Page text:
One set of interconnector grooves forming air flow channels is oriented along the axis of the dotted line indicated by reference numeral 20 in FIG. 2. The grooves on the opposite side of the interconnector forming fuel flow channels are oriented along the axis of the dotted line indicated by reference numeral 22. This arrangement provides for flow of reactant gases in a cross-flow manner through the electrolyte plates 12. Air flowing through the air flow channels oriented along the axis identified by dotted line 20 is in fluid communication with the oxygen electrodes, while fuel gases flowing through the fuel flow channels oriented along axis 22 are in fluid communication with the fuel electrodes.
Adjacent stacks are sealed to a generally planar manifold frame 24 that permits reactant gases flowing along axis 22 to flow in series through successive stacks 14 and 16. In a preferred embodiment, the fuel stacks 14 and 16 include about 40-80 fuel cells 12, stacked about three fuel cells 12 per centimeter (about six to about eight fuel cells 12 per inch). The manifold frame 24 is easily applied to the stacks, and its design allows for convenient inspection of the seal to identify gas-leaks between the stacks and manifold frame 24. The fuel cells 12 are sandwiched between horizontal support plates 26, as shown in FIG. 3. In a preferred embodiment, an end block 28 is positioned on top of the fuel cell column 18 to maintain the planar orientation of the fuel cells 12, and to support the fuel cell column 18. The end block 28 may be anchored to the support structure 30 by appropriate fasteners (not shown).
An enclosure 40, having insulation 42, is attached to the support structure 30 by suitable fasteners (not shown). A fuel reformer 44, having insulation 46, is attached to the support structure 30 within the enclosure 40. A fuel gas intake line 48 leads through the support structure 30 into the fuel reformer 44. A fuel delivery line 50 transports the fuel from the fuel reformer 44 to the intake manifold frame 52, where the fuel gas is distributed evenly to each of the fuel cells 12. Once the fuel gas passes through the exhaust manifold frame 54, the fuel gas is fed into an afterburner 56 to increase the efficiency of the SOFC system.
The fuel column 18 is mated with a suitable sealant to the wall of a heat exchanger 60. In a preferred embodiment, a single column fuel cell structure having two fuel cell stacks is mated to the wall of a corrugated plate-type heat exchanger. An intake air stream containing oxygen is delivered through the support structure 30 in the heat exchanger 60. The intake air is then fed into the air plenum 62, deformed by the seal between the fuel cell column 18, the wall of the heat exchanger 60, and the support structure 30. The air stream is then fed into a single stage of the fuel cell column 18, typically at about ten times the volume of that required for stoichiometric combustion. The hot exhaust air exiting the fuel cell column 18 is collected within the enclosure 40, and drawn out of the fuel cell module through the intake vent 66 at the back side of the heat exchanger 60 and out through the support structure 30. The intake vent 66 may be positioned in the heat exchanger on the opposite wall of the air plenum 62 (back wall), as shown in FIG, 1, or on the top of the heat exchanger toward the back wall, as indicated by reference numeral 66' in FIG. 4,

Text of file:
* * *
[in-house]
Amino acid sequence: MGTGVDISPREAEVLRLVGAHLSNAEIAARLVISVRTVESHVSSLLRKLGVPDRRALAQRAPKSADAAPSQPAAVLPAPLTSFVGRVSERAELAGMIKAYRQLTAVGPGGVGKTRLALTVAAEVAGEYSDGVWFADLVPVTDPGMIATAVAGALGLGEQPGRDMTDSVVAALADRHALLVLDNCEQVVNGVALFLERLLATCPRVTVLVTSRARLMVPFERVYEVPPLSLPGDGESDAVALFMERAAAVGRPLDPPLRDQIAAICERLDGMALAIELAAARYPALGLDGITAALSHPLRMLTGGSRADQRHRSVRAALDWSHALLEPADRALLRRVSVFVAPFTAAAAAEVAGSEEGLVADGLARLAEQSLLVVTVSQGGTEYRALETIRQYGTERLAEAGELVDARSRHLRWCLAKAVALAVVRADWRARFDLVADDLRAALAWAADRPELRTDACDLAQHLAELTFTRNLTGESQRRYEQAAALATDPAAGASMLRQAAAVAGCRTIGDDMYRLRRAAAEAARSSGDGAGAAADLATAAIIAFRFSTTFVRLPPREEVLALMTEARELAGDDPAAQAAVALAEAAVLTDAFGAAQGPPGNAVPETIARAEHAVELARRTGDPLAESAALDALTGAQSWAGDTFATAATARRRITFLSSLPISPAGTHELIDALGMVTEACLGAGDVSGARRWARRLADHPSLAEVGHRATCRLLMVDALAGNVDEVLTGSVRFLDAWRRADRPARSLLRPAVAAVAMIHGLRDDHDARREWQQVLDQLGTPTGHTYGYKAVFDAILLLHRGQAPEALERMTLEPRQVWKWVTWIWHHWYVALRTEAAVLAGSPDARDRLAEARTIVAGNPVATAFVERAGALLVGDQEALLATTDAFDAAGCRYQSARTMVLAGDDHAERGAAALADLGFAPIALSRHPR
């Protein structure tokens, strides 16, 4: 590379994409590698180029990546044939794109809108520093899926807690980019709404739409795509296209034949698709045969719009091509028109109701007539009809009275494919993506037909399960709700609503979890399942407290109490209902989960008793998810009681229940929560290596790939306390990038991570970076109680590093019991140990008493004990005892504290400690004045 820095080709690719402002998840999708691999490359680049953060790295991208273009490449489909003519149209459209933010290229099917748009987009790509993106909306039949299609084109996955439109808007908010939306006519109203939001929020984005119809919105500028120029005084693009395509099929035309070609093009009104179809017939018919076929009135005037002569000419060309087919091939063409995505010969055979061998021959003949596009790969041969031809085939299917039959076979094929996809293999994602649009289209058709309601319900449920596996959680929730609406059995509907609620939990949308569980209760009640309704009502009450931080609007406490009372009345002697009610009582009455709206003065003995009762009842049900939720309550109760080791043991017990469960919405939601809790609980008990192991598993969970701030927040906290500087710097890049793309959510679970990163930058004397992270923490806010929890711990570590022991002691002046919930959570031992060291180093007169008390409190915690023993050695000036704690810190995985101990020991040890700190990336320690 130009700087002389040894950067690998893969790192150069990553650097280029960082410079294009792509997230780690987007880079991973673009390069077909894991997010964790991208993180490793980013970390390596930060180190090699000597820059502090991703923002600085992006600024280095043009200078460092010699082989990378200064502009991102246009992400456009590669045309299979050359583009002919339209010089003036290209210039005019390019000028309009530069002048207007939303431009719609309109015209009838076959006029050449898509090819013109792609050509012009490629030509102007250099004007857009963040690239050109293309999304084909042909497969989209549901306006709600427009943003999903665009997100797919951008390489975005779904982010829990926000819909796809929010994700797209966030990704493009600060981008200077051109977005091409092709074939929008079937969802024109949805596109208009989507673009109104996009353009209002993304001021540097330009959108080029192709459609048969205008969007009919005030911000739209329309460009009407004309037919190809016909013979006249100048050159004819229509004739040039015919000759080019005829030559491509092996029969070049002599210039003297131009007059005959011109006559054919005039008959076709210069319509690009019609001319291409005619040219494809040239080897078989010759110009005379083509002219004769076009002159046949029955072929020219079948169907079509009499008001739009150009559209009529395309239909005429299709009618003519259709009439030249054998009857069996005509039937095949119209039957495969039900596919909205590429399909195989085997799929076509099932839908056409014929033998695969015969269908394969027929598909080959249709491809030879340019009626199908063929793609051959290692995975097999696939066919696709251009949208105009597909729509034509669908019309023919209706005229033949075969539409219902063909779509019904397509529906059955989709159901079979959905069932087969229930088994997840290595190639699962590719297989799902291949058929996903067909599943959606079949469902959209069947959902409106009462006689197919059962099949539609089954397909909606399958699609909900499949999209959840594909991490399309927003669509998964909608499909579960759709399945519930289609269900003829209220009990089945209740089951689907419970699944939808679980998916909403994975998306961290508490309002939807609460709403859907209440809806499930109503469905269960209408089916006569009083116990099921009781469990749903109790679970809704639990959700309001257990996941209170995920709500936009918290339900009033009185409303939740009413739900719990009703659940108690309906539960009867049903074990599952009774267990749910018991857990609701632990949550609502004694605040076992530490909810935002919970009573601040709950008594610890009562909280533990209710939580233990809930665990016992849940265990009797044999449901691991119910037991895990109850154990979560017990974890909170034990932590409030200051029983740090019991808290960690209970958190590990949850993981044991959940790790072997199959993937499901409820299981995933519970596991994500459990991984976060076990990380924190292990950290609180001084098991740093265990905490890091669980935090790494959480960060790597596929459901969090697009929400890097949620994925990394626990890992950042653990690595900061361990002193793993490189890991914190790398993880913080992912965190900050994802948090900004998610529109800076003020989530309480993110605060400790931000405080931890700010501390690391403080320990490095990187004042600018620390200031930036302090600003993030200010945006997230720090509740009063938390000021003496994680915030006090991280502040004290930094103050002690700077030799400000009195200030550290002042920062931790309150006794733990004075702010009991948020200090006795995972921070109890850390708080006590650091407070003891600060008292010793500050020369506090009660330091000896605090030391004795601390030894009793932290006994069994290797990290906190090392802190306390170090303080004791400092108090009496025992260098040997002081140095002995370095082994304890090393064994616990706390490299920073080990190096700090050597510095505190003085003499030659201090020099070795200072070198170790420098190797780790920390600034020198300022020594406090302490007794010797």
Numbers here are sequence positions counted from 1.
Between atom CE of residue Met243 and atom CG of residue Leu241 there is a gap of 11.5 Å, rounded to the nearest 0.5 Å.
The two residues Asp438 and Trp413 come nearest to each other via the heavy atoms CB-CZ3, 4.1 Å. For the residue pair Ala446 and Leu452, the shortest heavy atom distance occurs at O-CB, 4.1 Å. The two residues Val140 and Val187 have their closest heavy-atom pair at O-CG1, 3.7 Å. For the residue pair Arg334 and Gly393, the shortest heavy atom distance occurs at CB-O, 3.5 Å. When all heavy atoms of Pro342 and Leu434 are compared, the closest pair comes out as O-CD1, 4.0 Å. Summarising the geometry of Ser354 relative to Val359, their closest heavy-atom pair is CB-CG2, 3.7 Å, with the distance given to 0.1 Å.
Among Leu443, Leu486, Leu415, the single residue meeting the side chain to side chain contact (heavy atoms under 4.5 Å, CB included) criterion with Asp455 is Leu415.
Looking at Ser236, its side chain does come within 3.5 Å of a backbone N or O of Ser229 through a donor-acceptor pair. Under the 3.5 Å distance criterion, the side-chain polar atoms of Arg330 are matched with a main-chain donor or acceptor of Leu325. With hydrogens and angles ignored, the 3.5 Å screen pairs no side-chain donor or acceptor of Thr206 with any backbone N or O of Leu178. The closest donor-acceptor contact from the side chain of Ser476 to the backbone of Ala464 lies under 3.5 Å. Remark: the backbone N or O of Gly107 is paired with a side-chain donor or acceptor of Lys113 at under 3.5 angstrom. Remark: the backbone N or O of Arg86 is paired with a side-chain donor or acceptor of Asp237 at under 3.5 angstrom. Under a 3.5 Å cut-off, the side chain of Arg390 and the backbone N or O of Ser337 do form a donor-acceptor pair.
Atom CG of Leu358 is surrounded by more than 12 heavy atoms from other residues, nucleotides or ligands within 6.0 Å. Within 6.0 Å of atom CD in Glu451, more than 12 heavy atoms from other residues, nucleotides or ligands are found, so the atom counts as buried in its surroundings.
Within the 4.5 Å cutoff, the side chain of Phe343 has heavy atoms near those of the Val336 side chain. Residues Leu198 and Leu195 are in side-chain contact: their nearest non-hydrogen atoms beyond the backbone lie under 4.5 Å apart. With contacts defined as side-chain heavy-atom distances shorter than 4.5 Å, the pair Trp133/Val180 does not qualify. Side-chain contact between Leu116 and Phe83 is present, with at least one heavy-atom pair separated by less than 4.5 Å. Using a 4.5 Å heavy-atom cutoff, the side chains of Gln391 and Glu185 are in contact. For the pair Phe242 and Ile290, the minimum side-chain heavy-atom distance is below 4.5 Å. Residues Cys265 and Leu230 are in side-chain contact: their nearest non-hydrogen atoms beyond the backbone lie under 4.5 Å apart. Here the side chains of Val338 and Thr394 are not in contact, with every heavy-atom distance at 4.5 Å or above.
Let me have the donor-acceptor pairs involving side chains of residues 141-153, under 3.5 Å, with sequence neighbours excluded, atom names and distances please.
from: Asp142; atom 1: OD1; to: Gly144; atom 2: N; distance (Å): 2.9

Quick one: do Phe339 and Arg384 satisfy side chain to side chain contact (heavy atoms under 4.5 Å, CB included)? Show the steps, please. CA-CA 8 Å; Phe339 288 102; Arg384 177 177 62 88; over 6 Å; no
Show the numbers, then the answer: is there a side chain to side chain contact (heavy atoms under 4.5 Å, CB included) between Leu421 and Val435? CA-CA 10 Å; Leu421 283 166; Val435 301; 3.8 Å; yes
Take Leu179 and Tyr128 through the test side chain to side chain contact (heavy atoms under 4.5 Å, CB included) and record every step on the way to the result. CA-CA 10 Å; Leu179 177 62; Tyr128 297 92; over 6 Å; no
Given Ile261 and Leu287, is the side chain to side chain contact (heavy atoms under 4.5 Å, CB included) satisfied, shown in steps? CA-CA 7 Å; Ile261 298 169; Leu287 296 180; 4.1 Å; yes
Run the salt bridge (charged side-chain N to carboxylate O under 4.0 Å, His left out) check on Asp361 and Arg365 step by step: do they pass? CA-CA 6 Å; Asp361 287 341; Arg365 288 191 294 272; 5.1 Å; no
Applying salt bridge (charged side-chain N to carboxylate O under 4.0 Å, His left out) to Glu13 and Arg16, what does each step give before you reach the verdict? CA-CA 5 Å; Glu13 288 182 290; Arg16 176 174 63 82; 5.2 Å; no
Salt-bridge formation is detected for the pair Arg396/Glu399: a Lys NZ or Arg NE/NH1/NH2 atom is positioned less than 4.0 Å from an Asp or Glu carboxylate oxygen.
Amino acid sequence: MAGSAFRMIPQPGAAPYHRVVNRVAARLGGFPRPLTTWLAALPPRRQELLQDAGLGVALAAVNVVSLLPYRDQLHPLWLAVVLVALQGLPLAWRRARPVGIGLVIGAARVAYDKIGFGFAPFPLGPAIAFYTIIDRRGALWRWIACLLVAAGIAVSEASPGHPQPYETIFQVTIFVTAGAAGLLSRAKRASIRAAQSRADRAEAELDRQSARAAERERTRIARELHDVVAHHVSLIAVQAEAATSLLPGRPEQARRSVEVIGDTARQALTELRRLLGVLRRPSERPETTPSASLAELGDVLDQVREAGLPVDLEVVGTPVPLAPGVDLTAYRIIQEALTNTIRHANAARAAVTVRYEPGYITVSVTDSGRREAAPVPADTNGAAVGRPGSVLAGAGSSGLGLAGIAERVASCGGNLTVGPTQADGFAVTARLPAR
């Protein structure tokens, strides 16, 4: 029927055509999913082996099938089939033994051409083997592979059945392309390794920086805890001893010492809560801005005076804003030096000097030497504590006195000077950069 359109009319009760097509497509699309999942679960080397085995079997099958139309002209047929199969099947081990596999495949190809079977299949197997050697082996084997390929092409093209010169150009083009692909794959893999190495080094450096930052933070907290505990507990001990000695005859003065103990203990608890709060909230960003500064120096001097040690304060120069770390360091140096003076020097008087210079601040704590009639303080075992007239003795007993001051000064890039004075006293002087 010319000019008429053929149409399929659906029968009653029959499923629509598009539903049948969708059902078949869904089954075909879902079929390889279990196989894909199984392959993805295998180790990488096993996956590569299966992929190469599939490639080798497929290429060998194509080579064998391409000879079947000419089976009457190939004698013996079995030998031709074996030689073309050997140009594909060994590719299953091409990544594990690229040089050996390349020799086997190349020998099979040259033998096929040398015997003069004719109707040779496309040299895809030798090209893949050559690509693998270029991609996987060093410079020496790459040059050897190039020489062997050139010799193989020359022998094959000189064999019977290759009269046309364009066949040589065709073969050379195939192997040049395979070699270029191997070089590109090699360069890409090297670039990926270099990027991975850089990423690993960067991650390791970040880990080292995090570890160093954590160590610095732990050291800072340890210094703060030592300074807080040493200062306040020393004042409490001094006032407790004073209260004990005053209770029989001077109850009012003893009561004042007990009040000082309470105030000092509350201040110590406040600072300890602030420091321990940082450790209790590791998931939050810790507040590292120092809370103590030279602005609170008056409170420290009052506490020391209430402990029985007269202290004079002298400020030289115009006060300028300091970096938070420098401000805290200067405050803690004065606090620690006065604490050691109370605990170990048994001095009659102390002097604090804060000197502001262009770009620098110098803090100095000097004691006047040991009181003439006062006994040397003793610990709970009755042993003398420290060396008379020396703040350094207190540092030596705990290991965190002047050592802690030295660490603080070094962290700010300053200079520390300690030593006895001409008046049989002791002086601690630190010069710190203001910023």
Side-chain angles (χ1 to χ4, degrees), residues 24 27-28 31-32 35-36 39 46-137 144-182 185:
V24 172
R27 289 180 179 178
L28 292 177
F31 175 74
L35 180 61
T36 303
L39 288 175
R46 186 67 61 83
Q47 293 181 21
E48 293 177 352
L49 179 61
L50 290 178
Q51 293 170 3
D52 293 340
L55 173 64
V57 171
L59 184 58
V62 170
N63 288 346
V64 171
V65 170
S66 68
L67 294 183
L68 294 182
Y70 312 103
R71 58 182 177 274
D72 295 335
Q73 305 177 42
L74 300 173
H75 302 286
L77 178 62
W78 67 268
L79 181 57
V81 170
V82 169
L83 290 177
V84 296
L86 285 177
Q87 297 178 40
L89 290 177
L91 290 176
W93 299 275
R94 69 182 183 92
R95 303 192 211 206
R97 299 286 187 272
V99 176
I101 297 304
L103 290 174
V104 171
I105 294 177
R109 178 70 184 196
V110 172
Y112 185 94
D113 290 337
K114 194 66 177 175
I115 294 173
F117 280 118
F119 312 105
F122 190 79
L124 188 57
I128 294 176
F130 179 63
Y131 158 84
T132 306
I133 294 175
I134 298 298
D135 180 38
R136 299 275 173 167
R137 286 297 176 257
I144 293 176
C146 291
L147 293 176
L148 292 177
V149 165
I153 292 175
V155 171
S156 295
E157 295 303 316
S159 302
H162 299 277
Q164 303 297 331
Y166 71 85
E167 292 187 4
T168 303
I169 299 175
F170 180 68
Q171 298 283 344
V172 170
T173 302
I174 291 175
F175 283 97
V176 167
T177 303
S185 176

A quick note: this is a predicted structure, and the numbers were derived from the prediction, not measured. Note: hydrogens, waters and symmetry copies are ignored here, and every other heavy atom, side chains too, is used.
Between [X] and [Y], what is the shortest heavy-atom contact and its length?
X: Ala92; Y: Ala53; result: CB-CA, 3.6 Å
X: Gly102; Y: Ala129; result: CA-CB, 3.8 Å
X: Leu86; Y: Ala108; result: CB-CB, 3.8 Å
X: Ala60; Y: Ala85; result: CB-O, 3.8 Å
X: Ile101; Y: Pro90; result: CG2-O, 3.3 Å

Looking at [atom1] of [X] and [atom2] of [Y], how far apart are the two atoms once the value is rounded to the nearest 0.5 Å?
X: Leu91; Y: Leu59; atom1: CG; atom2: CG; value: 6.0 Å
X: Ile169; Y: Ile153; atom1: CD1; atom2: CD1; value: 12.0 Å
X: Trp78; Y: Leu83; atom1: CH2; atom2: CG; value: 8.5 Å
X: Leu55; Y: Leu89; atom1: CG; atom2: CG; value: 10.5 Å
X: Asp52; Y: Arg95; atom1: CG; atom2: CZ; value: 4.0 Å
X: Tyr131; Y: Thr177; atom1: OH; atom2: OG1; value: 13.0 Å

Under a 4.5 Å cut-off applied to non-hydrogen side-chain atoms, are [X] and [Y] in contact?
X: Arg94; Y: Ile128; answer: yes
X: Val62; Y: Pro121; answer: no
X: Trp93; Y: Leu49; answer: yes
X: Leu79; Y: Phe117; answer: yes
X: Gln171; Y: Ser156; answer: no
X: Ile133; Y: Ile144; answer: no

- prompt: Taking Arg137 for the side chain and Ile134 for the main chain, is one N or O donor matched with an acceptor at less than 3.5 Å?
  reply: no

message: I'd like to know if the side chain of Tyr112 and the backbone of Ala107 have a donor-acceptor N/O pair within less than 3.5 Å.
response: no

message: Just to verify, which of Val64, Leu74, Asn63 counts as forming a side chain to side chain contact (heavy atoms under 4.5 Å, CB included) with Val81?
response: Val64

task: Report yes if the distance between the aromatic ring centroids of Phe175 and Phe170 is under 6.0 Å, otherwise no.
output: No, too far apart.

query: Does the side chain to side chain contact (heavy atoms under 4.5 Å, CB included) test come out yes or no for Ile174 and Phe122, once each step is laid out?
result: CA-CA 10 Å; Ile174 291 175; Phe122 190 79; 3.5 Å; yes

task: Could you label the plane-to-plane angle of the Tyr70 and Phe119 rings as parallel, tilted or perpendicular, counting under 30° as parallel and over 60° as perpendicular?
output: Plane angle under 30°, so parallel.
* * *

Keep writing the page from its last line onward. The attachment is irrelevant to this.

A dual column fuel cell module 10' is shown in FIG. 4. Two identical single column fuel cell systems, as shown in FIGS. 1-3, are positioned adjacent one another. The back walls of the heat exchangers 60 are positioned a suitable distance apart as required for air flow access to intake vent 66.
During operation of the SOFC module, the fuel cell column 18 is mounted to the support structure 30 to prevent movement or significant vibration. Referring to FIG. 5, the fur cell column 18 is typically anchored with support rods 70 attached to the support structure 30 at one end, and bars 72 on the top surface of the fuel cell column 18 at the other end. The support rods 70 are typically fastened to springs (not shown) mounted below the support structure 30, creating a significant stress force on the support structure 30. The integrity of the support structure 30 is thus important to ensure a proper anchoring of the fuel cell column 18.